My name is Jeremy Gilbert, and I am on a life-long quest for the perfect “click.”
What is the “perfect click” you ask?
Its that thrill of two disjoint things snapping into place. Its the thrilling snap of a relay. The detent on a rotary encoder that tells us we’ve turned the knob the right way. The satisfying feeling of a well-made car door closing shut.
The “quest for the perfect click” is why the iPod click wheel sits in the New York Museum of Modern art. Its why we love the sound of a mechanical shutter of a camera. Its why we groove to the extra clicky transient sound of a hihat on a jamming baseline.
Think of the our use of language. Things ‘snap’ into place. They ‘click’ together. We give enormous primacy to this concept.
I supposed clickiness is probably a minor thing in the grand scheme of life. But I’m convinced the whole of humanity is obsessed with it. Somewhere there is a group of neurons in our brains that are happy about clicks and snaps, and fire all sorts of awesome dopamine and endorphins at us when they happen.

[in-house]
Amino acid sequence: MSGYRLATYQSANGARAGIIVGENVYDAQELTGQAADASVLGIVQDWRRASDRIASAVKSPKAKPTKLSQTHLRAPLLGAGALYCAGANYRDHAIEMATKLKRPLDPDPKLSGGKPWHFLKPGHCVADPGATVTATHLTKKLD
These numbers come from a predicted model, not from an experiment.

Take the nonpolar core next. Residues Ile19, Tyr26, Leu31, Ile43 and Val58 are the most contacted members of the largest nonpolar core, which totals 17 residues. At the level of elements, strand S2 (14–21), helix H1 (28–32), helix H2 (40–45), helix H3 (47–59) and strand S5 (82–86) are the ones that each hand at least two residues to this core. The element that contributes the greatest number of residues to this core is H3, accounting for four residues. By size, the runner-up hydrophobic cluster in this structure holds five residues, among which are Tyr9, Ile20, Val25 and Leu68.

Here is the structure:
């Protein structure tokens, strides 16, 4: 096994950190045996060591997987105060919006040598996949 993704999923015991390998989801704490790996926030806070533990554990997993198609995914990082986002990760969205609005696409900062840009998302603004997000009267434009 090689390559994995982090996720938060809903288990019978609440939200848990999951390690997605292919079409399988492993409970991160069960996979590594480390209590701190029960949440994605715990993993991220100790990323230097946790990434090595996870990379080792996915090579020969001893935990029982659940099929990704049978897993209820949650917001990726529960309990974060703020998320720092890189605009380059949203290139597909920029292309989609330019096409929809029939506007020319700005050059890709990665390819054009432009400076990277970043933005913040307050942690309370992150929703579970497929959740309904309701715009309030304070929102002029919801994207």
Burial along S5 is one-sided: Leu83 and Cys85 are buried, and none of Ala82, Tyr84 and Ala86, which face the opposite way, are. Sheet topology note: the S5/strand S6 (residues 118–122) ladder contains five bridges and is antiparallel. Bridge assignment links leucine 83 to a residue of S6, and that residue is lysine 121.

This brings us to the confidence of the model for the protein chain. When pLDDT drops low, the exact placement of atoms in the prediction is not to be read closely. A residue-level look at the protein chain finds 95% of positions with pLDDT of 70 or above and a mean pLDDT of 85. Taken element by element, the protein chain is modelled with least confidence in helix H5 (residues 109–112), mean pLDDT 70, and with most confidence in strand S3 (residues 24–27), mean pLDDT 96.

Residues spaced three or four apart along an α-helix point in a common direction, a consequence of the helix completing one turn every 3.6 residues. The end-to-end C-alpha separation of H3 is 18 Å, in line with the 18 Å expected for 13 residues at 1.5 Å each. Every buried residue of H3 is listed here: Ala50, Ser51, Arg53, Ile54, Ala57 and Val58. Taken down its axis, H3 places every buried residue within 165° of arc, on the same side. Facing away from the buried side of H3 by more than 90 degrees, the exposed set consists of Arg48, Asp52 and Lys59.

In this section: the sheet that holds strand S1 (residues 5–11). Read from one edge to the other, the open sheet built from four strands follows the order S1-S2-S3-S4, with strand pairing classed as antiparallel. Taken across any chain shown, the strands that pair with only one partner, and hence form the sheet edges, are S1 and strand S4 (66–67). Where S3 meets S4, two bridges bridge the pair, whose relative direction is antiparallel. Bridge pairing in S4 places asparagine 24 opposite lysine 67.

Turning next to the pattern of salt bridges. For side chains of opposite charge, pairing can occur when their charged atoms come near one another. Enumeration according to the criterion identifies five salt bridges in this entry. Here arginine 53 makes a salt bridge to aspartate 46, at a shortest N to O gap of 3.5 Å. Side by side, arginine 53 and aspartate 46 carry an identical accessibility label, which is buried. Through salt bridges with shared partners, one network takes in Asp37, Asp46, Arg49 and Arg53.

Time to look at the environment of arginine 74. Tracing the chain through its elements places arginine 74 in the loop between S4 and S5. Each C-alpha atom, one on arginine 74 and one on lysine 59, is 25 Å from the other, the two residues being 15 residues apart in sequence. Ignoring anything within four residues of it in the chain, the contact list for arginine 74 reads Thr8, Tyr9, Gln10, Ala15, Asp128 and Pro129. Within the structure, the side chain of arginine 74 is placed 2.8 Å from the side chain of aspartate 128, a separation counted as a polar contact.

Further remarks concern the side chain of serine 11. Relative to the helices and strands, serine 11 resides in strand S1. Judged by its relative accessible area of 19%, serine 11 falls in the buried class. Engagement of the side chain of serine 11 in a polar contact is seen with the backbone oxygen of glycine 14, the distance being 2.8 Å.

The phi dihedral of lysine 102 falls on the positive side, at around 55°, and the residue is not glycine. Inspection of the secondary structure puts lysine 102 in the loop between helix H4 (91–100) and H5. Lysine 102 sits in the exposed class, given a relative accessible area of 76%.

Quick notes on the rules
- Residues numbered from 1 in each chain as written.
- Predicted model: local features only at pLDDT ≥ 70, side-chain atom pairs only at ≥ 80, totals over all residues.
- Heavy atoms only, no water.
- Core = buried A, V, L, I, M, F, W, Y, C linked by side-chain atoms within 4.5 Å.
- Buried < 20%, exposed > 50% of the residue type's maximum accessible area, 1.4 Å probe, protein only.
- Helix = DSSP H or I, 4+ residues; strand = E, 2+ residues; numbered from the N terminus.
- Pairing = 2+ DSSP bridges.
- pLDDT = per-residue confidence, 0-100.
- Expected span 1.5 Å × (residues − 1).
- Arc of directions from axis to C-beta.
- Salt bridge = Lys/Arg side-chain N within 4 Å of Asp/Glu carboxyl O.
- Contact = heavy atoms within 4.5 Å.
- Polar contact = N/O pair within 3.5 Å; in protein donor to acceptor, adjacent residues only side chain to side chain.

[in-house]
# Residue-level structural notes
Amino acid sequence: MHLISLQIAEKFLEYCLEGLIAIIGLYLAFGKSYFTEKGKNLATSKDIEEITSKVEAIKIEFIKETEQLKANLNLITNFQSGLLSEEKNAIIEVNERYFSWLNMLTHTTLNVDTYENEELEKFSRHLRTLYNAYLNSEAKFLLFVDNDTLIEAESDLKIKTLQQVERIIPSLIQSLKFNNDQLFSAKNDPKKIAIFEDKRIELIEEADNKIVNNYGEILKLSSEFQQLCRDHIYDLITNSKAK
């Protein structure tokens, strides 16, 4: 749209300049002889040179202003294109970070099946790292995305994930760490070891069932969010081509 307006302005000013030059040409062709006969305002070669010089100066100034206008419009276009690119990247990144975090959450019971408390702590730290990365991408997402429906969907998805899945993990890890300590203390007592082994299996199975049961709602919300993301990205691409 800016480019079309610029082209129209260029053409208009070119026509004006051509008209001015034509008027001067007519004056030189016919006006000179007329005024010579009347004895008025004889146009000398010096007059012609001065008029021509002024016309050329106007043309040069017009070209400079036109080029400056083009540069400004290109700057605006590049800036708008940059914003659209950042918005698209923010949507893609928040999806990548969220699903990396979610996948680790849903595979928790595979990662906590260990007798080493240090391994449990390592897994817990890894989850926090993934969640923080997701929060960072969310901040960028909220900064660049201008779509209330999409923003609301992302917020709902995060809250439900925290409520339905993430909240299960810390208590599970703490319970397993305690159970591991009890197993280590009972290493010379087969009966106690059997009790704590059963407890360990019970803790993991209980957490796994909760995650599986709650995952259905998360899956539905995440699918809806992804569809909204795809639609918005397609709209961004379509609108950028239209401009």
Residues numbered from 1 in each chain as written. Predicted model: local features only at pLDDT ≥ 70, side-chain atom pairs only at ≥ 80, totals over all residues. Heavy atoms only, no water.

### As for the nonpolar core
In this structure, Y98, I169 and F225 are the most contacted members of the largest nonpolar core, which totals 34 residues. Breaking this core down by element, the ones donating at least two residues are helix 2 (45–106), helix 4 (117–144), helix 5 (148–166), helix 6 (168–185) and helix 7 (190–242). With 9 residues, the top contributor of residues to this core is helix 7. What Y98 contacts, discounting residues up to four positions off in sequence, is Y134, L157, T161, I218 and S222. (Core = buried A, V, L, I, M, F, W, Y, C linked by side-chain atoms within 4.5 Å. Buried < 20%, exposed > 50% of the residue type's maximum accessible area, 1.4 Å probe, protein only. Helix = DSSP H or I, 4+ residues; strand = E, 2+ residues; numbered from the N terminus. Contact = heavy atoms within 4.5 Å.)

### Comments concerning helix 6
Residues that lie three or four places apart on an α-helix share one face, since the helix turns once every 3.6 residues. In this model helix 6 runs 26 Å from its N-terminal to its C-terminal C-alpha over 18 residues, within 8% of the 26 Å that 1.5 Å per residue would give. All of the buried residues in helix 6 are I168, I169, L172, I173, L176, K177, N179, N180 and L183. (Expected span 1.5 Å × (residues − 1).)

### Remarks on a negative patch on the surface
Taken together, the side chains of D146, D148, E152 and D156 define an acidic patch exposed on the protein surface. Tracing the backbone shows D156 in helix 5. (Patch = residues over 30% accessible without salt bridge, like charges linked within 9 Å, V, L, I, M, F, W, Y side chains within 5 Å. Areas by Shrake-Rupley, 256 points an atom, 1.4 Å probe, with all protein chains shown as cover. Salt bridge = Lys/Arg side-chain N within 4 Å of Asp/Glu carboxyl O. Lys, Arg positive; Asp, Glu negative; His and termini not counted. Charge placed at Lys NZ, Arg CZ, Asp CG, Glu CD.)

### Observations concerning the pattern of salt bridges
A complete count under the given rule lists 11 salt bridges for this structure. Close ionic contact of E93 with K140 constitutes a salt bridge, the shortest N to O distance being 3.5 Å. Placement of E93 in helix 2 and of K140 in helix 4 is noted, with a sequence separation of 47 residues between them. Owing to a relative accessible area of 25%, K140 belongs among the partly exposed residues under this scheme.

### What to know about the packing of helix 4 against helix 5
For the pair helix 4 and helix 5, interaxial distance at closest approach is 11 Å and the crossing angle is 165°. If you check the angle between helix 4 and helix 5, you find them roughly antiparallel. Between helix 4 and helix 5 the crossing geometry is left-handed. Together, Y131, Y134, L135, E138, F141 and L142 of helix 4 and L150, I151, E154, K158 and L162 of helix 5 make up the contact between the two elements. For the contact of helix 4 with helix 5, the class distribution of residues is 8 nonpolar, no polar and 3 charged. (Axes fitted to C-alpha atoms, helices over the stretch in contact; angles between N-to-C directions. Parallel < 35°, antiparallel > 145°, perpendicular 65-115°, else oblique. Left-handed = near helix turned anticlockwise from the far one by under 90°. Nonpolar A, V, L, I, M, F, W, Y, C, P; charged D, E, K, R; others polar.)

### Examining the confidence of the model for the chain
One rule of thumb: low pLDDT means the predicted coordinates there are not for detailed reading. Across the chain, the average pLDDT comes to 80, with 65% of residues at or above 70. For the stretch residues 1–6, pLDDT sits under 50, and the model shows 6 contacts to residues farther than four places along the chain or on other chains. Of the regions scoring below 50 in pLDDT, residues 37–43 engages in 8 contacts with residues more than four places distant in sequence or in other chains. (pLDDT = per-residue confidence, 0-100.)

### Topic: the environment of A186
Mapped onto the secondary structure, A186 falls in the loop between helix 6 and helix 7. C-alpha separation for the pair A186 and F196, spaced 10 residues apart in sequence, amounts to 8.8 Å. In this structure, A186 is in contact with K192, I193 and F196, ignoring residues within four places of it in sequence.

See, as humans, we inherently know a cool thing when we see it. You could walk up to an technologically isolated tribe of hunter-gatherers, and hand them something clickly (like an iPhone) or a spyglass, and they would be fascinated by it. Think of the millions of dollars spent by consumer goods companies just seeking that satisfying feeling in their products.
So at the risk of overstating it, clickiness is absolutely part of the drum-beats of technological progress.
So this is a blog about that subject, and my own personal quest to create clicky things. Its not necessarily what I do for a living, but its been a hobby of mine for a long time.